The second [part] would be around innovation and bringing new products to market. We have fantastic distribution on our Lightlife and Field Roast products throughout Canada and the United States on the retail and natural foods side of the business. But partnering with more food service customers will allow us to continue to bring some of that growth as well.

You’ve seen a lot [happen] in food service as consumers look for options. In Canada, we have partnered with Kentucky Fried Chicken, A&W, Harvey’s and Kelsey’s, and you’ll see more of those partnerships evolving in the future.

A lot of brands in this space target vegetarians, vegans and flexitarians, consumers with different motivations and needs. Has your target evolved, and do you see any differences in the way people are approaching your products today?

The core legacy business had been built around vegans or vegetarians that were living that lifestyle for a variety of reasons, whether it was personal choice, social choice, or a doctor-driven choice. What we see evolving is flexitarians, reducetarians — those words get a little overused — but basically everyone who is looking for options, whether they’re looking for other proteins to add to their diet, or whether they need to start eating healthier.

One of the things that we’ve prided ourselves on, which we think is a big point of difference, is our ingredient deck. It’s real food; it’s ingredients you can identify with. We have less of some of those ingredients that consumers cannot relate to, which we believe [appeals to their desire for nourishing, healthier products]. And we’re seeing a lot of millennials looking for options so they can do creative things with some of their cooking and meal occasions.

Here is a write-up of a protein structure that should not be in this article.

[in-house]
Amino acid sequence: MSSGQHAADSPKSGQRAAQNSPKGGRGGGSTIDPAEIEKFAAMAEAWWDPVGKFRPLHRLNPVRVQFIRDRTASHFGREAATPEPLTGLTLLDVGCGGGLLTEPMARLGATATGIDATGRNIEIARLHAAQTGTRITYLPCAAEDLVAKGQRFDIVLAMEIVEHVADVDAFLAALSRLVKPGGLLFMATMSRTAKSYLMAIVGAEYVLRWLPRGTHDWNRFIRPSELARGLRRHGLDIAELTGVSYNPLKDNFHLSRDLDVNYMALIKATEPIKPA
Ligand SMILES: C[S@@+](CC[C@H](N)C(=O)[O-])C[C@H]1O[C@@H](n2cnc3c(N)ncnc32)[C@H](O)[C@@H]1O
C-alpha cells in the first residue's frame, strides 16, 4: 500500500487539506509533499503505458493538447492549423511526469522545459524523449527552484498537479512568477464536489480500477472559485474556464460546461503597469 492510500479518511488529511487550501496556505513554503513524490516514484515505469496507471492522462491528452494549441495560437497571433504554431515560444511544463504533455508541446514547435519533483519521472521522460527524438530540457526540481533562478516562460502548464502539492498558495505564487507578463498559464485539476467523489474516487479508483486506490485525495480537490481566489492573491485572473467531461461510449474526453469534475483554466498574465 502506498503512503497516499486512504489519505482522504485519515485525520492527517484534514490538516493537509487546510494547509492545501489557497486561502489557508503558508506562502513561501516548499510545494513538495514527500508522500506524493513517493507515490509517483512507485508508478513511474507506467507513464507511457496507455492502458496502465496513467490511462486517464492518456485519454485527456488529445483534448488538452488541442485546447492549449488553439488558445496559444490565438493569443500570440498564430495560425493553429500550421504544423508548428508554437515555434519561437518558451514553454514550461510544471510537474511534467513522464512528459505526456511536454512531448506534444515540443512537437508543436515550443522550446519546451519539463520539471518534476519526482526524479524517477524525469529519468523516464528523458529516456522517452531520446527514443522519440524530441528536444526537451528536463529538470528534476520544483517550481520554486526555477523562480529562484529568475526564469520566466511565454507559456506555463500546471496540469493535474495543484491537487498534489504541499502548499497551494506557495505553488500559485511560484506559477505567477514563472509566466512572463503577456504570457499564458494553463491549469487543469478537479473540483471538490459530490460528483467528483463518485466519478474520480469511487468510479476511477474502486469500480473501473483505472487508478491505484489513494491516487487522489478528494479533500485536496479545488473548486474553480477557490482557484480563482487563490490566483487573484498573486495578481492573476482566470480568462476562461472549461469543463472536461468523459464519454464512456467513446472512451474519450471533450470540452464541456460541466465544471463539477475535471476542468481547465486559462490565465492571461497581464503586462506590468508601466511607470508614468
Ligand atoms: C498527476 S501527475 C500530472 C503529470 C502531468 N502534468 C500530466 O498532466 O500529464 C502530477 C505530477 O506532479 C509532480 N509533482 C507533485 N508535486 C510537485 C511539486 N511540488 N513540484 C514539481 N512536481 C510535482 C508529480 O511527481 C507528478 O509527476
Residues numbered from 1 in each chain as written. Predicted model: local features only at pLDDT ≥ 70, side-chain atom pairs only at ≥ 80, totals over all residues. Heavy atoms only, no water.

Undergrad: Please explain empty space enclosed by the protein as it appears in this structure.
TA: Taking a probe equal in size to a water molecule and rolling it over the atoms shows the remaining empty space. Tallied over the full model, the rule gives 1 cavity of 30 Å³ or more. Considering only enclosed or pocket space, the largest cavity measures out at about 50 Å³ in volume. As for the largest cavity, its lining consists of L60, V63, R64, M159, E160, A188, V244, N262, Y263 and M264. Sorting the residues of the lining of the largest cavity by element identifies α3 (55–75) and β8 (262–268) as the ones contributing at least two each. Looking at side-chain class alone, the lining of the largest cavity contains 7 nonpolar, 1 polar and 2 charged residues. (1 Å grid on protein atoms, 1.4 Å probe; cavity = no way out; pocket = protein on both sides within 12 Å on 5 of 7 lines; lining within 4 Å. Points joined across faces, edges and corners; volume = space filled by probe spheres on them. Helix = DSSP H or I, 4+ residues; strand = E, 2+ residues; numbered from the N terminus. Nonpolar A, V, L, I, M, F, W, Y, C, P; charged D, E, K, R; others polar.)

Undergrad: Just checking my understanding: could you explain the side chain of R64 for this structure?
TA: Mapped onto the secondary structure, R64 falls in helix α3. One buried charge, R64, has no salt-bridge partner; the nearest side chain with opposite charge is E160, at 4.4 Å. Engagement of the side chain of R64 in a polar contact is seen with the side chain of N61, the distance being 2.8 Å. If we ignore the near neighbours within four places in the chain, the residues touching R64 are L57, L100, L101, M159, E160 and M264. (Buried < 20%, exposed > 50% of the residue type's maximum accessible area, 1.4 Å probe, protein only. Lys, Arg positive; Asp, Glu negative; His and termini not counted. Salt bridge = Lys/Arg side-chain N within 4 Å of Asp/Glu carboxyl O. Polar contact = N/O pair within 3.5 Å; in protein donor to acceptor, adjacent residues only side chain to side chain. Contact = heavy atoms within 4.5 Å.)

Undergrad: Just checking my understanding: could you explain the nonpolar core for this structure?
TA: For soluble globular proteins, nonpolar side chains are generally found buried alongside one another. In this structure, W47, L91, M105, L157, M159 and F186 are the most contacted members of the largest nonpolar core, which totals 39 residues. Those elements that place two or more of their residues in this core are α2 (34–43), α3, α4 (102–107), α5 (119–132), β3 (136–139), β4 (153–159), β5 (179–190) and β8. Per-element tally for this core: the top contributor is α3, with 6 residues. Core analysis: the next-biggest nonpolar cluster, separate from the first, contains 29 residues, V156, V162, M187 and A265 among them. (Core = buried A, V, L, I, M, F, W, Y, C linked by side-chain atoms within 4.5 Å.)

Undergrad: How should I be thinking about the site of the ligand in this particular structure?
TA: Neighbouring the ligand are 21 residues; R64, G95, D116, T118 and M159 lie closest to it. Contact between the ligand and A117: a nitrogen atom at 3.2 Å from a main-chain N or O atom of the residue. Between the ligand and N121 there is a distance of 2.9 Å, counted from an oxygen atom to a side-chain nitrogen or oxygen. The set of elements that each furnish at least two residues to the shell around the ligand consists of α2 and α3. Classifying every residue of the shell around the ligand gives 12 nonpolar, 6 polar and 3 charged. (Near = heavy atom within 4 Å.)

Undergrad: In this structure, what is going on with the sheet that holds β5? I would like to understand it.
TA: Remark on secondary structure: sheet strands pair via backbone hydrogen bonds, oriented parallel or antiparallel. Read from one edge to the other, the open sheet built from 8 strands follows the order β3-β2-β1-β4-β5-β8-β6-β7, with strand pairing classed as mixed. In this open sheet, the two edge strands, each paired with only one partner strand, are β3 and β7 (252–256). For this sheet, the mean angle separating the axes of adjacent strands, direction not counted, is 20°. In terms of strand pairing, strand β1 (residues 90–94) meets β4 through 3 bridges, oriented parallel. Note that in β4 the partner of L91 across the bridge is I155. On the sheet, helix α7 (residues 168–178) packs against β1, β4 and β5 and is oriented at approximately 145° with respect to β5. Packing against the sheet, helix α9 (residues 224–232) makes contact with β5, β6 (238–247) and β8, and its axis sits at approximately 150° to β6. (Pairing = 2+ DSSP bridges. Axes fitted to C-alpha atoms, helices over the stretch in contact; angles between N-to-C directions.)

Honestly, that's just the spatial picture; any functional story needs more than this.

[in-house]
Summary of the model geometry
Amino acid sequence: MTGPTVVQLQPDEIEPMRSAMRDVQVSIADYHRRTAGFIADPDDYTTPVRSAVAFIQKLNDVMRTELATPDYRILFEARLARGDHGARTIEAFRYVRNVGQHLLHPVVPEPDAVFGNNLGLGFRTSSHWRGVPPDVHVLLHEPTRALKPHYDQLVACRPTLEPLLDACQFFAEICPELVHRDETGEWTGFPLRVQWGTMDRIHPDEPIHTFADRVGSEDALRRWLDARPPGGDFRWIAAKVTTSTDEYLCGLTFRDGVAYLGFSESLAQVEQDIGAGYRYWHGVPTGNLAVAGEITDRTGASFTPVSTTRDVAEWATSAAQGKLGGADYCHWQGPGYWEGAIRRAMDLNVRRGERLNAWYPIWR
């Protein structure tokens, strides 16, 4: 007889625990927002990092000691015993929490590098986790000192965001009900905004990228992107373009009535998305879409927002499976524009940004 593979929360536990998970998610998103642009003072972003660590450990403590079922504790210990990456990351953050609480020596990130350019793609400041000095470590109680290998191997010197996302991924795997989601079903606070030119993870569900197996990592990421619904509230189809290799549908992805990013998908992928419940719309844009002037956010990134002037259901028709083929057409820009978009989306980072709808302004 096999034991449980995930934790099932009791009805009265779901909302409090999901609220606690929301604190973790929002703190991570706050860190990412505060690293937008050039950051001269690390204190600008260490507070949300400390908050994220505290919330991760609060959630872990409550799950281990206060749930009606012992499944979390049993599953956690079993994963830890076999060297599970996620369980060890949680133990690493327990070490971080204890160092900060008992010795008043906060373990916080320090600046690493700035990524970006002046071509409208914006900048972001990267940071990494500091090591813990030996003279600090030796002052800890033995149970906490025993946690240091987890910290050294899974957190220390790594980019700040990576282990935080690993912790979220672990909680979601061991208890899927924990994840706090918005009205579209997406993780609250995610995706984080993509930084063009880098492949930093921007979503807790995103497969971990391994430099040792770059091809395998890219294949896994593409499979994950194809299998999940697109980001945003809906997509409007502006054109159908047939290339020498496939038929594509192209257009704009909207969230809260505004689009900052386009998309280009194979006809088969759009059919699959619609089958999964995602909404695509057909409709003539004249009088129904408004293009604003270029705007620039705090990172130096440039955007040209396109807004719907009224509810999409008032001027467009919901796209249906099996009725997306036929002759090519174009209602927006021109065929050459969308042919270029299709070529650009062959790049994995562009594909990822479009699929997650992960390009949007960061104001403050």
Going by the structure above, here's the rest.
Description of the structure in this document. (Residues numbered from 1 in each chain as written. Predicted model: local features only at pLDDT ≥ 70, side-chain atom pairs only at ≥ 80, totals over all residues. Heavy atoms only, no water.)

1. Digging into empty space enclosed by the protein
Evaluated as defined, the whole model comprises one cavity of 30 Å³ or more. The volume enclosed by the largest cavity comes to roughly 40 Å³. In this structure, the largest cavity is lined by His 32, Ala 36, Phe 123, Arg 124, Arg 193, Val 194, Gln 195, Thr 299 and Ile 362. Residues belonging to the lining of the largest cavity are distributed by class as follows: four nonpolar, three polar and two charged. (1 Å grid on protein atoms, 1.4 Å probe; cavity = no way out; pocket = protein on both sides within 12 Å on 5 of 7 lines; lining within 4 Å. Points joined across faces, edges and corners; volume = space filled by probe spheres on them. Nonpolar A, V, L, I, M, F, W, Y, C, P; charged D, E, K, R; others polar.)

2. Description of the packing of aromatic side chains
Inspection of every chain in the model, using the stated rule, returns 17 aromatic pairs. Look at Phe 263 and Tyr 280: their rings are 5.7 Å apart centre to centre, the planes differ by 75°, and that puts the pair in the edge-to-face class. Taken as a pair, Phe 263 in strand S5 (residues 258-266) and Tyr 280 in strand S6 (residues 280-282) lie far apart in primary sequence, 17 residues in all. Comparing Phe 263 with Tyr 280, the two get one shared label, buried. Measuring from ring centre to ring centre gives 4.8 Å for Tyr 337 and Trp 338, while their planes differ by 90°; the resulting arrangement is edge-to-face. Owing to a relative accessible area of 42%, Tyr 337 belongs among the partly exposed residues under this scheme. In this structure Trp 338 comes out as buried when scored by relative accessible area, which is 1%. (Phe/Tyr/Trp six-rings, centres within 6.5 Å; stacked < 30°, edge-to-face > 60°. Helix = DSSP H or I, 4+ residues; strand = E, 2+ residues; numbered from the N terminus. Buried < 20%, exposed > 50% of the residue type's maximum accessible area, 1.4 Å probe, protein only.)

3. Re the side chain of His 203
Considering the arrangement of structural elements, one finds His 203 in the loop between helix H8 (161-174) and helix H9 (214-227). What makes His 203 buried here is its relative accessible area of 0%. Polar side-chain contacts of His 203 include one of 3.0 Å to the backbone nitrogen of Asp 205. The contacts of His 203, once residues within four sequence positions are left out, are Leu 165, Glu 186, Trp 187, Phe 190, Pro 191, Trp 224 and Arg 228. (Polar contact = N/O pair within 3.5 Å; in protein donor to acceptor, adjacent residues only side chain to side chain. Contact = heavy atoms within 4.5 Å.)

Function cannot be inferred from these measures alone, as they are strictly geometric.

Out of all the products under Greenleaf, what are people buying the most? And do you have a personal favourite? 

We have a number of products that are leading categories. Our Lightlife hot dogs are doing exceptionally well, as are our Lightlife burgers and Lightlife tempeh. Those are three [growth] drivers for us.

On the Field Roast side, our sausage products do exceptionally well. We’re also in the non-dairy business with our Chao cheese, [which is] the number one selling plant-based cheese out there.

For me, this is like picking your favourite child. Both Lightlife and Field Roast are part of my weekly diet, so I would be in that flexitarian camp myself. I love bringing our products into a number of recipes at home; our Lightlife ground product is awesome for that. But I wouldn’t say I have one favourite. I would say I have a number of favourites.

This interview is part of a series for Strategy C-Suite, a weekly email briefing on how Canada’s brand leaders are responding to market challenges and acting on new opportunities. Sign-up for the newsletter here to receive the latest stories directly to your inbox every Tuesday.

The interview has been edited for length and clarity.